The Choco Toucan (Ramphastos brevis) is a large, mainly black bird found in humid lowland and foothill forests on the Pacific slope of Colombia and Ecuador. Within its range, extensive habitat destruction is taking place, but it remains fairly common locally.
The Choco Toucan is a large (although among the smallest Ramphastos toucans), predominantly black bird with a striking yellow and black beak, a yellow bib, white uppertail coverts, red undertail coverts and green ocular skin. It is very similar to the larger Chestnut-mandibled Toucan, but lacks brown to the beak. In the wild, the two are generally best separated by their voice; croaking in the Choco, yelping in the Chestnut-mandibled.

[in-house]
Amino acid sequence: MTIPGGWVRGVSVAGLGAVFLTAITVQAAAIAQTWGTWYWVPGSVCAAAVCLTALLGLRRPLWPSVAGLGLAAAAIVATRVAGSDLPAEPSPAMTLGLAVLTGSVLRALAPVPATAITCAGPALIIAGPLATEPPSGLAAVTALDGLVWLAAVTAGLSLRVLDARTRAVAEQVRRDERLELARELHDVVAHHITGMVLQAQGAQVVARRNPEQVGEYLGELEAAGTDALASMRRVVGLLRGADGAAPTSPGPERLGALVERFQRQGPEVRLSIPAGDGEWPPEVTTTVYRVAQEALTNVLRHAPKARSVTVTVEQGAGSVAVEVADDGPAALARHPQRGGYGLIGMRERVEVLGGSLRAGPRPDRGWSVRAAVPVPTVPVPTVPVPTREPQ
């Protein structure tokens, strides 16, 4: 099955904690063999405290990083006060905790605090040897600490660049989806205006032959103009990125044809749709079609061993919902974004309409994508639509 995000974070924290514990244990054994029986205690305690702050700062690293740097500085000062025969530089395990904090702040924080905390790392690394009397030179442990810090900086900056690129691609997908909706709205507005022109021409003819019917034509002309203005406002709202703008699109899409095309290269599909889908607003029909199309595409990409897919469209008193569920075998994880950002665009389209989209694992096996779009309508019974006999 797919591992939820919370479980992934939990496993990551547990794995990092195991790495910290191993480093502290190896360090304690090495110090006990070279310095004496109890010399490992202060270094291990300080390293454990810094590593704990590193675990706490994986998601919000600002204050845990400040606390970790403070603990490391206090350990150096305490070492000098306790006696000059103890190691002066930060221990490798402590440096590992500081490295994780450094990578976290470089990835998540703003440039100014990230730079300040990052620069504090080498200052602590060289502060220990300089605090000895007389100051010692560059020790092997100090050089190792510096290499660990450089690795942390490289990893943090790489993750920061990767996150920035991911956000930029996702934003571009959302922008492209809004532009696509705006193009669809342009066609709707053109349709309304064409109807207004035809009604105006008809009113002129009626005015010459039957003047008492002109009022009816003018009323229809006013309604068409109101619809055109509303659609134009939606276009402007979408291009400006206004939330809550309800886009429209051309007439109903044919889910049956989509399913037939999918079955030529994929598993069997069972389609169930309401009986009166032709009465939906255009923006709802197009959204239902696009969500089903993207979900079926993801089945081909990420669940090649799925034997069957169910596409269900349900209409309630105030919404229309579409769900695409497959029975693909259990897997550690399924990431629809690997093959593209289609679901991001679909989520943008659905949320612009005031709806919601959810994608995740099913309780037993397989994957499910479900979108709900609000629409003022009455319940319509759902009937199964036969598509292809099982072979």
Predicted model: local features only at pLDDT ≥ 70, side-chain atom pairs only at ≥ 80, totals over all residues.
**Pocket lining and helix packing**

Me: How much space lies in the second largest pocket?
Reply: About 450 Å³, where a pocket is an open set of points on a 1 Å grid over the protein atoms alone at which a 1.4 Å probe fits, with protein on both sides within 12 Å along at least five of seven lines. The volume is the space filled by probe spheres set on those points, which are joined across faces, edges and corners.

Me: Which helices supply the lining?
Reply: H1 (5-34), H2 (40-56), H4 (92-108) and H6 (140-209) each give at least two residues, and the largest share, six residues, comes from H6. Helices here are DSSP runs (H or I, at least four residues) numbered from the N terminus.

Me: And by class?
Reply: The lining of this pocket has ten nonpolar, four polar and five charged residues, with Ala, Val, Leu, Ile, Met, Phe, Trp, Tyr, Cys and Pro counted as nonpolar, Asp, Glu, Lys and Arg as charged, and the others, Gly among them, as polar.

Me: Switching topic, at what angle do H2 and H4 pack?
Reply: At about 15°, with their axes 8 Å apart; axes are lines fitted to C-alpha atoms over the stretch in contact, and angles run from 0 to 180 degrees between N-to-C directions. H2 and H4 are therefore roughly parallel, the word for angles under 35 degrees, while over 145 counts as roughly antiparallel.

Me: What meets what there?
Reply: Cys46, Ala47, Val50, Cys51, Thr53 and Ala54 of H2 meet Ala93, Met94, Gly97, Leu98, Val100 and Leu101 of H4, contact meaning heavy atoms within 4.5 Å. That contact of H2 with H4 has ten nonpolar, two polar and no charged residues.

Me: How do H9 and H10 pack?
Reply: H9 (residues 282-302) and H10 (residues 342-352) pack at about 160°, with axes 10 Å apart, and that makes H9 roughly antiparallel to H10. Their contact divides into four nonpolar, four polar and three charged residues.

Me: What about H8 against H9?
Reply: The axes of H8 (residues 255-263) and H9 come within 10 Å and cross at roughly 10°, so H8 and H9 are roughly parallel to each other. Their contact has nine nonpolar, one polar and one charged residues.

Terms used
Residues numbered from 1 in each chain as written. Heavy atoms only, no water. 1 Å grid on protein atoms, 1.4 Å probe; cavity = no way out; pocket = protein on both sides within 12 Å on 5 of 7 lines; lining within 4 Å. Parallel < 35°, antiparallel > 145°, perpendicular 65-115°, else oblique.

As suggested by its common name, the Choco Toucan is restricted to the humid Chocó forests in western Ecuador and western Colombia. Its estimated global range is over 110,000km˛.
Choco Toucans lay 3-4 pure white eggs that are incubated for 16 days. The young fledge in about 45-50 days.
In aviculture, their requirements of spacious cages and a high-fruit diet, and their sensitivity to hemochromatosis (iron-storage disease), make them difficult to maintain for novice keepers. The Choco Toucan is very rare in captivity in the United States.